Tales from Sark’s World: Continuity Blues

I started collecting comics back in 1986.

My comic company of choice was Marvel, who happened to be celebrating their 25th anniversary that year. My two main-stays were The Amazing Spider-Man and The Uncanny X-Men. In fact, the first X-Men comic I bought as a serious collector was Uncanny X-Men number 205, which happened to be a solo story featuring Wolverine; a kick-ass story, by the way.

As I continued to collect, I also started buying back issues, especially Uncanny X-Men. They had such a rich, textured history that it added so much to the newer stories I was reading. These weren’t just two-dimensional drawing on the page. These characters had depth. They were as detailed as anything you’d read in a novel, but because of the medium, they were never really taken too seriously. Only those like myself, comic book collectors, knew the truth, and we often walked a tightrope between trying to tell everyone about how cool these stories and characters were, and wanting to keep them to ourselves.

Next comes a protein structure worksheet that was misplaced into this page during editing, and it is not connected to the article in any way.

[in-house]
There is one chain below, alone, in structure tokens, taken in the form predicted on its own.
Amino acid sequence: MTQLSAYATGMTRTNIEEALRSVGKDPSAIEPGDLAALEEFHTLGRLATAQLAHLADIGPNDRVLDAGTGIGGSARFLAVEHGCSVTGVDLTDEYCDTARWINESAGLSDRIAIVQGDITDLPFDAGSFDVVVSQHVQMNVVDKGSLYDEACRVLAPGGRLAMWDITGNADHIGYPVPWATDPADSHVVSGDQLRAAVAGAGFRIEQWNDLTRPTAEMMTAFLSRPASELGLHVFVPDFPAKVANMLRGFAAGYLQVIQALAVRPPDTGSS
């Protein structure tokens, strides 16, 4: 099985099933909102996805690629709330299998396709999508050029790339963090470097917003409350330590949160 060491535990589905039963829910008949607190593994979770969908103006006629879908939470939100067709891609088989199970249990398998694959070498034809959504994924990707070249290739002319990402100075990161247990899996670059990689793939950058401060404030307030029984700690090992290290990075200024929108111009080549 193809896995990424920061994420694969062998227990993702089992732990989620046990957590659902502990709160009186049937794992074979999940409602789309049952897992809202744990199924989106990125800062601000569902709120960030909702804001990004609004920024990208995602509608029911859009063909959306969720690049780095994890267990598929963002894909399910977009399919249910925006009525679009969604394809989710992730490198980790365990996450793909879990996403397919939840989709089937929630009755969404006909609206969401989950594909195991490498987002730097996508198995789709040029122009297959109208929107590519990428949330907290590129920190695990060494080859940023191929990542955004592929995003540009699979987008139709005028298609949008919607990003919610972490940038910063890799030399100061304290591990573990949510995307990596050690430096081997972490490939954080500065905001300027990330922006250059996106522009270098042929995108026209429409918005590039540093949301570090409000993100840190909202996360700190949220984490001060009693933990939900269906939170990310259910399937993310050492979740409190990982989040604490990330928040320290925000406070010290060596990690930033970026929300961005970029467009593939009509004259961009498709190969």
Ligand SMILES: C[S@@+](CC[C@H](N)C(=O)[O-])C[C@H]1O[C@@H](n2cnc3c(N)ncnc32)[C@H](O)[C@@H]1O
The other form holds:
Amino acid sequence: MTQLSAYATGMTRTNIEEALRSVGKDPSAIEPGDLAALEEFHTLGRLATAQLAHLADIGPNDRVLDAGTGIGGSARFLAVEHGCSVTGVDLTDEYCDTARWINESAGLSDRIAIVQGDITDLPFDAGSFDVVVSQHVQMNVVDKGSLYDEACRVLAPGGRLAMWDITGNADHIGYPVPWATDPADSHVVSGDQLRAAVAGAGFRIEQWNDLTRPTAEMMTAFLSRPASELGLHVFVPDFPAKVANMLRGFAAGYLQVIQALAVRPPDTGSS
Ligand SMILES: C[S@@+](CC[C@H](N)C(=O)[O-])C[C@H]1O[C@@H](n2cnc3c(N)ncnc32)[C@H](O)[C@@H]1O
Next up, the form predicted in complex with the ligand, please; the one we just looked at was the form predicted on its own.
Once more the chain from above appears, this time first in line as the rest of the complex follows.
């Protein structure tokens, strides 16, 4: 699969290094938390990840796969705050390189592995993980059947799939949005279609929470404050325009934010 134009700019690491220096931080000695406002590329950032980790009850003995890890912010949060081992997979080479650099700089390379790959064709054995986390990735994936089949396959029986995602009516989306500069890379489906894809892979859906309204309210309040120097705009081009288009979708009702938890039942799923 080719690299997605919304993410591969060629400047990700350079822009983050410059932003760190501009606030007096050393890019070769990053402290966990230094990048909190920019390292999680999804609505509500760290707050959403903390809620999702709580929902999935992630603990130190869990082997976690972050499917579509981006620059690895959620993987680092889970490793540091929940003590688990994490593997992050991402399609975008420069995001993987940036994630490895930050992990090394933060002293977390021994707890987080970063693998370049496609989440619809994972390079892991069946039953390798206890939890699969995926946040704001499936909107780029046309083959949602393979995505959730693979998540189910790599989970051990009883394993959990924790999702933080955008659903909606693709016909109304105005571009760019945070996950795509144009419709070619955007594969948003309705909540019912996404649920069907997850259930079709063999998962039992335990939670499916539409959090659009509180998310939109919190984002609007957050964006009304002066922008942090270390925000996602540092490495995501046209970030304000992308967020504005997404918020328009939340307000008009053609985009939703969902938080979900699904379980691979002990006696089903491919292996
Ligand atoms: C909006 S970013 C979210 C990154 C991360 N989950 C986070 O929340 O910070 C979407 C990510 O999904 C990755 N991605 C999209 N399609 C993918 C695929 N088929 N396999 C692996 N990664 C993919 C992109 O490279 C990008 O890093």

Although I didn’t really collect DC Comics, except for a stint with some Detective Comics and Lobo, I learned to like that universe, thanks to DC’s animated series. Batman: The Animated Series, Superman, Justice League, and my favourite, Justice League Unlimited, introduced me to a great, historic, and rich universe of characters existed. As popular as Superman and Batman are, I think the Flash has become my favourite.

Now this is where you’d think I would say something like… “if I was a comic book collector today, I’d collect the Flash…” But there is no way in hell that I would collect comics today.

Although DC seemed to start ti with their “Crisis on Infinite Earths” or whatever it was called, Marvel has, in recent years, done all it can to catch up. To what? Screwing around with their continuity, their history.